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Estonia

  • Barry Turner
Part of the The Statesman’s Yearbook book series (SYBK)

Abstract

There is evidence of human habitation from around 8000 BC. Remnants of a ‘comb’ pottery culture show the arrival around 5000 BC of the ancestors of the Eestii, one of the first known peoples to inhabit the Baltic’s eastern shores and the forerunners of modern Estonians. Before the arrival of Christianity the cult of Tharapita (or Taara), a god of war, was popular in northern Estonia and the island of Saaremaa.

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Further reading

  1. Hood, N., et al., (eds.) Transition in the Baltic States. 1997CrossRefGoogle Scholar
  2. Kasekamp, Andres, A History of the Baltic States. 2010Google Scholar
  3. Kolsto, Pal, National Integration and Violent Conflict in Post-Soviet Societies: The Cases of Estonia and Moldova. 2002Google Scholar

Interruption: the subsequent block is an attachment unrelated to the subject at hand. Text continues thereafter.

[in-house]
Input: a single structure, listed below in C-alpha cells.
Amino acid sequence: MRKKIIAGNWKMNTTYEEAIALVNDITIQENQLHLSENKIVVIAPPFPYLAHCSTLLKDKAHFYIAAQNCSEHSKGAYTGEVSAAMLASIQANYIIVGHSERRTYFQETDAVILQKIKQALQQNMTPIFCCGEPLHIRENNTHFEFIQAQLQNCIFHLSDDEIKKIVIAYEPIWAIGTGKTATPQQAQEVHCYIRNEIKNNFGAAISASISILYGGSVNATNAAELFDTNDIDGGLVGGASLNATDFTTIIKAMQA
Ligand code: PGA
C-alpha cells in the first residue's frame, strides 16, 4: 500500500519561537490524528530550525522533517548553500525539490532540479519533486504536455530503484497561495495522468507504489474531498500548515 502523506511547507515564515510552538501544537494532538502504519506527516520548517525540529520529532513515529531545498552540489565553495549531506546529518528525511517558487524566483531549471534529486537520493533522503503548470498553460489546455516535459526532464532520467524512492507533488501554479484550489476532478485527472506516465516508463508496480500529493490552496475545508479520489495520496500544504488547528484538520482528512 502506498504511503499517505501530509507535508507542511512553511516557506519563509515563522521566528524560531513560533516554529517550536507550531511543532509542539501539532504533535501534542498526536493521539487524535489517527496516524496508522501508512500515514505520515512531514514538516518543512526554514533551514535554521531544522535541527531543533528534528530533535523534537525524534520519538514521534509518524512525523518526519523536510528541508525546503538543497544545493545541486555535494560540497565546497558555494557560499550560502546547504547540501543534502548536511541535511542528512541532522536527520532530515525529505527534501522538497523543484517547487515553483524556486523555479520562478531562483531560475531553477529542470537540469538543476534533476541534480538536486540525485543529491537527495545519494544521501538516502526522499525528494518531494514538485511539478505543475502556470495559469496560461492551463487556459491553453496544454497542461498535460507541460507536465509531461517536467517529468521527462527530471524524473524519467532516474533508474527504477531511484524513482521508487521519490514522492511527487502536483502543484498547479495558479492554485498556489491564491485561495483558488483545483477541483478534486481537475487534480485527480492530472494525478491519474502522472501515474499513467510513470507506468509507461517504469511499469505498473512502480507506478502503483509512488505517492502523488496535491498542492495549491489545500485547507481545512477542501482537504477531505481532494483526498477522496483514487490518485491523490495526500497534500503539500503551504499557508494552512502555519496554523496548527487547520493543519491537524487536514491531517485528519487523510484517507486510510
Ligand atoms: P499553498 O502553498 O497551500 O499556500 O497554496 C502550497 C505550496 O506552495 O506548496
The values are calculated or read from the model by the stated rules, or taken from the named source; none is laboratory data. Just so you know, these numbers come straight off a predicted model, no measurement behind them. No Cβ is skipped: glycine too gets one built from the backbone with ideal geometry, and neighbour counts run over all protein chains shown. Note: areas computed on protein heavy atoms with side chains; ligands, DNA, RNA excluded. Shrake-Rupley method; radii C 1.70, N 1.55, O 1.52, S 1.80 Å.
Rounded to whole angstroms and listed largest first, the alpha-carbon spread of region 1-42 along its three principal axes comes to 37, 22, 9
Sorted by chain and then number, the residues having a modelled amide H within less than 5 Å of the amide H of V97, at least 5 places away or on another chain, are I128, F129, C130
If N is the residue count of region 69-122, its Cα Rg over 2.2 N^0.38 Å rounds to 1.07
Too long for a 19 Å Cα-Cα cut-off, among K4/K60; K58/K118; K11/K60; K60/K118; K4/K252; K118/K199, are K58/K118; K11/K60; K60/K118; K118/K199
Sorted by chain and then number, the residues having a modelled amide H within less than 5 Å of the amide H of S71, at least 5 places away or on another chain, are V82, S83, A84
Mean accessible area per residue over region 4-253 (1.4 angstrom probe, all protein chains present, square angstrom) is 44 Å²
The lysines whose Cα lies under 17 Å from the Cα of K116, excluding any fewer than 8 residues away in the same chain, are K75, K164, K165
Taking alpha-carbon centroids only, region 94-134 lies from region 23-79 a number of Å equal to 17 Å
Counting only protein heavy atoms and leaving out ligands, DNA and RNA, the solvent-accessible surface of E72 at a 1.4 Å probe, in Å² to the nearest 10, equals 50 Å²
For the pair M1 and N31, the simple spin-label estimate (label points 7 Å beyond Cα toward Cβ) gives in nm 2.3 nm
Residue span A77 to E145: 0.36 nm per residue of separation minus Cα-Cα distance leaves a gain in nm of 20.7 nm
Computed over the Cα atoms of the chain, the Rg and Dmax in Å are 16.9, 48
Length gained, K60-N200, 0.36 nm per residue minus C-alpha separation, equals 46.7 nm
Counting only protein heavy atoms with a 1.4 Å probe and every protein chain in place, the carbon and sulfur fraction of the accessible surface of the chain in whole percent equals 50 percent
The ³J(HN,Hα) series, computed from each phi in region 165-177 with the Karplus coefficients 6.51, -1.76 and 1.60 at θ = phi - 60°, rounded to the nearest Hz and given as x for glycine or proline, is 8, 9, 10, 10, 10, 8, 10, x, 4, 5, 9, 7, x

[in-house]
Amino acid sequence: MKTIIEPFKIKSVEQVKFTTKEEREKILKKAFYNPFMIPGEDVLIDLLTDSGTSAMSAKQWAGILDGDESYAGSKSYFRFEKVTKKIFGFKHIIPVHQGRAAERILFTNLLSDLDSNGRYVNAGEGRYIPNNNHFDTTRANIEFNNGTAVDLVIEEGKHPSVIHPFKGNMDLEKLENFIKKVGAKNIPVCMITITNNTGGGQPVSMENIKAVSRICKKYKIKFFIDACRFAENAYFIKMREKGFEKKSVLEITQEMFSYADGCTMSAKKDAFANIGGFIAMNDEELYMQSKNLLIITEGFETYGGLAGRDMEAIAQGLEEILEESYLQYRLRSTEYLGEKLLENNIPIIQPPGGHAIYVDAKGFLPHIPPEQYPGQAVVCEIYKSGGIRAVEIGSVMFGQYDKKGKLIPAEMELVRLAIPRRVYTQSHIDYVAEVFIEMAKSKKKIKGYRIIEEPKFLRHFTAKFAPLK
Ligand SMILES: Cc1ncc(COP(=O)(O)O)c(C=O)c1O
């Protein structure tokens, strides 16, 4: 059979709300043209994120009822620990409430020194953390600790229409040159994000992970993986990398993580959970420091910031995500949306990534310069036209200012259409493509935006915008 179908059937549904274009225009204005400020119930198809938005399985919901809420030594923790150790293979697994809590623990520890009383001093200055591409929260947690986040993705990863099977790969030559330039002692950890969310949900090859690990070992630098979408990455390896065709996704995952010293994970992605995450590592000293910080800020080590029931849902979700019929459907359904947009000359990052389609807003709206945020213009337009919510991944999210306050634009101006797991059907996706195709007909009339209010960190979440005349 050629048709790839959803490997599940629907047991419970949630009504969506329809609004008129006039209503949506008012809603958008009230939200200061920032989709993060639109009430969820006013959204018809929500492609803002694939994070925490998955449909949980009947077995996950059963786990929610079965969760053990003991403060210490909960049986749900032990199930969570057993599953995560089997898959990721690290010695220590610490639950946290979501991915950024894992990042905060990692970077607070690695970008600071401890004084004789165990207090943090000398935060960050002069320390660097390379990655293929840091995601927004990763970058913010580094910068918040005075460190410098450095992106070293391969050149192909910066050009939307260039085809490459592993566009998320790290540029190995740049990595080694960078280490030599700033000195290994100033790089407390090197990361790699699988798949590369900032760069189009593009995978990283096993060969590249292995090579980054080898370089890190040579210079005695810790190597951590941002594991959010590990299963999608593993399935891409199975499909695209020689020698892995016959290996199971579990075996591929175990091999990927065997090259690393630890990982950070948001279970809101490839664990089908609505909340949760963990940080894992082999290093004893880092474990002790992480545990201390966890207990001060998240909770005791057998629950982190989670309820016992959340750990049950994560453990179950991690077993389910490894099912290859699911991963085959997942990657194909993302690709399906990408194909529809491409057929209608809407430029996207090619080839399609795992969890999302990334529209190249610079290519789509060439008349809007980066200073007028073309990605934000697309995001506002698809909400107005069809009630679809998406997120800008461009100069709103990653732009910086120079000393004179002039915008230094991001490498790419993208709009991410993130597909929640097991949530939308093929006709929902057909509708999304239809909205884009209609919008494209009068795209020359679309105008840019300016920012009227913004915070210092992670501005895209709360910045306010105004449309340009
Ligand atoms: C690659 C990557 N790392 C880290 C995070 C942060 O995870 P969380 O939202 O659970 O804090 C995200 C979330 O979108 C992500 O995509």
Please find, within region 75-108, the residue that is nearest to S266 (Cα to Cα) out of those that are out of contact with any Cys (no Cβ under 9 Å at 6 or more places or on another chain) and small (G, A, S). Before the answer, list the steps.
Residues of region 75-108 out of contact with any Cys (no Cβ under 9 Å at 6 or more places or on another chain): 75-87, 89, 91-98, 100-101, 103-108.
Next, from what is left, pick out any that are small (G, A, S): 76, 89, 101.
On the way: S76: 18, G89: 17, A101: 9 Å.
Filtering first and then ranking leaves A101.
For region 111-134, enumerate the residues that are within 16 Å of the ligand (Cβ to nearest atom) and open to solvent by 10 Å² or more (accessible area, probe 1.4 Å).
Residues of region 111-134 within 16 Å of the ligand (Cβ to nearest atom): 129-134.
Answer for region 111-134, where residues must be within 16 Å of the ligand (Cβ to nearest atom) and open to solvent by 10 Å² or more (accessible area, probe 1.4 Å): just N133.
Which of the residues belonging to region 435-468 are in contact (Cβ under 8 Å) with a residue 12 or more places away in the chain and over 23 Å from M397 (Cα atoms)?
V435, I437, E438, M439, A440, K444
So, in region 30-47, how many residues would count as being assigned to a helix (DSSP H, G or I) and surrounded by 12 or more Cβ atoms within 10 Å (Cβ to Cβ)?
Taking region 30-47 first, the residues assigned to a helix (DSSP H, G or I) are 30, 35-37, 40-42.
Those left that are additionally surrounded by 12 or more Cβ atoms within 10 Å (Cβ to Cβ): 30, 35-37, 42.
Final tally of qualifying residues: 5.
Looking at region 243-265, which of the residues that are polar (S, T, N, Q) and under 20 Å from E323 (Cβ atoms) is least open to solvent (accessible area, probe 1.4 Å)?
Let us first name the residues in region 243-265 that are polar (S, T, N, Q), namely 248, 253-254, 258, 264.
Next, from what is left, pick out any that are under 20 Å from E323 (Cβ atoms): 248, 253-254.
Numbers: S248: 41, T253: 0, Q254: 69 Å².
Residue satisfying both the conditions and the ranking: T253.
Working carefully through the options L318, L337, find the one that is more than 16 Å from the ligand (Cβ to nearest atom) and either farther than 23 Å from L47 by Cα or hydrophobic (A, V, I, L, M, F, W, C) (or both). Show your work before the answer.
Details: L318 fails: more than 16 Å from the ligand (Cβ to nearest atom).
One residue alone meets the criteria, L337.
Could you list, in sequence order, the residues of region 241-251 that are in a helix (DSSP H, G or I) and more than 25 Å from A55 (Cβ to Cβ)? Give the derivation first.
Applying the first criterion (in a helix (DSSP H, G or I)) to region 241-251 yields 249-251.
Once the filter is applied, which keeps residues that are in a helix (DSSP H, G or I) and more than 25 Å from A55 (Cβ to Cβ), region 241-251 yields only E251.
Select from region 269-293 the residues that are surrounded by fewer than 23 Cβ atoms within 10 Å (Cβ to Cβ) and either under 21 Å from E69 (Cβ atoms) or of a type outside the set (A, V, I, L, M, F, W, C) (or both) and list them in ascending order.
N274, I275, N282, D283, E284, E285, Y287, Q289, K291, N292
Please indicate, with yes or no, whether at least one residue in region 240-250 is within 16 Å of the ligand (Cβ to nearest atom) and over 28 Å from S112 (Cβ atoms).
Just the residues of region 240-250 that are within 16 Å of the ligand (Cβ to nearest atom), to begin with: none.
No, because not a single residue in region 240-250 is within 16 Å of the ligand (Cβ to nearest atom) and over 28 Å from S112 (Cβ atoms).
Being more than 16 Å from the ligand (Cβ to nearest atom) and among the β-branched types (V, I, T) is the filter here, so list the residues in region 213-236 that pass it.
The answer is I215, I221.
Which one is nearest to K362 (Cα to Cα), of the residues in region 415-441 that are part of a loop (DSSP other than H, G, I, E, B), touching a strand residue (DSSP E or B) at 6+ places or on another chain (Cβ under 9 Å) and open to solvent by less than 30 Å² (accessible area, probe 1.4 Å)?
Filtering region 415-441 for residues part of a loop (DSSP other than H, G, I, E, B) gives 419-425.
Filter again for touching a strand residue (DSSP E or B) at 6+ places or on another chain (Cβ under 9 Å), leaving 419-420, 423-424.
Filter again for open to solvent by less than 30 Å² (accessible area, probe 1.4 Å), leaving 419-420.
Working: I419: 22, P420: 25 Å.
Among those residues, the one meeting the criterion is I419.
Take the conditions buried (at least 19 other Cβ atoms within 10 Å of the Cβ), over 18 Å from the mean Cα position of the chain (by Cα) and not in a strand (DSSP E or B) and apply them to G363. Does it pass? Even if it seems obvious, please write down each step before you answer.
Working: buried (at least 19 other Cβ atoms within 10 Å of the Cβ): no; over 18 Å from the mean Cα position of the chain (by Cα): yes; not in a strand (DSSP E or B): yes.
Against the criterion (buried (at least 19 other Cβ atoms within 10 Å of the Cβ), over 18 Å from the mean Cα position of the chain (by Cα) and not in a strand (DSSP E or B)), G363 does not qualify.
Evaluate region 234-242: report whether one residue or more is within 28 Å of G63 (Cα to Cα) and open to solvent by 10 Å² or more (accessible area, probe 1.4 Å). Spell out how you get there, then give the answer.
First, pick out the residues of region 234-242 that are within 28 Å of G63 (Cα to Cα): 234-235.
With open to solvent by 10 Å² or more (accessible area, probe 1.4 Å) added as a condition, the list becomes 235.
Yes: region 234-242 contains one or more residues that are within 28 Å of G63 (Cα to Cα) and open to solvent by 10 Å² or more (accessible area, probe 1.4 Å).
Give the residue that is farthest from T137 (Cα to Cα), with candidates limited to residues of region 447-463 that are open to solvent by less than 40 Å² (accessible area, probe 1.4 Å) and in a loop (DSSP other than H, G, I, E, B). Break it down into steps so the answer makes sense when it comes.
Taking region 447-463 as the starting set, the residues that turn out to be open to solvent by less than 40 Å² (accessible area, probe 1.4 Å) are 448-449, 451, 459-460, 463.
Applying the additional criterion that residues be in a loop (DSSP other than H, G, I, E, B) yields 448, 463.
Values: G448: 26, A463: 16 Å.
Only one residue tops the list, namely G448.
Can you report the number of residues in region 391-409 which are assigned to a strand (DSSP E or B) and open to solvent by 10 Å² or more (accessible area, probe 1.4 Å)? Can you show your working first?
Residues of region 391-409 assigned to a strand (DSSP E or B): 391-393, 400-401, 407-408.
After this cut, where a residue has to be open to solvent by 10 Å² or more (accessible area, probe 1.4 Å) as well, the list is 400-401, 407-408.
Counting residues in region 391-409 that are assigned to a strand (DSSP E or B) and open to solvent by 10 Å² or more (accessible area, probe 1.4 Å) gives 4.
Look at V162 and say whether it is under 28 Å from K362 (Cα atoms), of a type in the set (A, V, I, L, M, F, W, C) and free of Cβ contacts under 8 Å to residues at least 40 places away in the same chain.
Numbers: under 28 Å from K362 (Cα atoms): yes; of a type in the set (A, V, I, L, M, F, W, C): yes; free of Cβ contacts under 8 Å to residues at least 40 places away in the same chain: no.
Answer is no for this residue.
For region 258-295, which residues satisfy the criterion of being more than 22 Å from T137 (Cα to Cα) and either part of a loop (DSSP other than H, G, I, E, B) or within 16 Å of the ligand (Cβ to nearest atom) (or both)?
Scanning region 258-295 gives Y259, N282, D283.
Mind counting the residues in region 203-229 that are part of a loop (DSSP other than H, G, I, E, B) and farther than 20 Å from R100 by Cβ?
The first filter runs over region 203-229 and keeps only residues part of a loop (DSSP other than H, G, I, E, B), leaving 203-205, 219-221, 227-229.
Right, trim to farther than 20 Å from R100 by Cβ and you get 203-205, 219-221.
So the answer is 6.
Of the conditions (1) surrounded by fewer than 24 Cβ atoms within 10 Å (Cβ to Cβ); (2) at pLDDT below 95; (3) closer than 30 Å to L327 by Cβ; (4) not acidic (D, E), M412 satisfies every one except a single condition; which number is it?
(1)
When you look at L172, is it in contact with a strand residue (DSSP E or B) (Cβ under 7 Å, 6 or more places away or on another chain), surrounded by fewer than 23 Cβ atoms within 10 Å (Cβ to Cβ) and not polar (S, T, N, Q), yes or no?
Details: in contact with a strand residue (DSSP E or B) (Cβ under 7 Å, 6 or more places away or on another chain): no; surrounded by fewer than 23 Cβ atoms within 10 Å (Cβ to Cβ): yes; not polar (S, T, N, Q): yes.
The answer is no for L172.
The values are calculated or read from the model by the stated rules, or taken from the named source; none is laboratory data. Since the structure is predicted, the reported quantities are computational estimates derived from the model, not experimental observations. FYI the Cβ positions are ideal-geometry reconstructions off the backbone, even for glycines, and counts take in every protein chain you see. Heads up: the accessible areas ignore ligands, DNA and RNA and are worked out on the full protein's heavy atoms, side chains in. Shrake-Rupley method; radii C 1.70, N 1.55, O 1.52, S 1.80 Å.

4. Lieven, A., The Baltic Revolution: Estonia, Latvia, Lithuania and the Path to Independence. 2nd ed. 1994Google Scholar
  5. Misiunas, R.-J. and Taagepera, R., The Baltic States: Years of Dependence 1940–1990. 2nd ed. 1993Google Scholar
  6. O’Connor, Kevin, The History of the Baltic States. 2003Google Scholar
  7. Plakans, Andrejs, A Concise History of the Baltic States. 2011CrossRefGoogle Scholar
  8. Smith, David J., Purs, Aldis, Pabriks, Artis and Lane, Thomas, (eds.) The Baltic States: Estonia, Latvia and Lithuania. 2002Google Scholar
  9. Taagepera, R., Estonia: Return to Independence. 1993Google Scholar

Copyright information

© Palgrave Macmillan, a division of Macmillan Publishers Limited 2012

Authors and Affiliations

  • Barry Turner

There are no affiliations available

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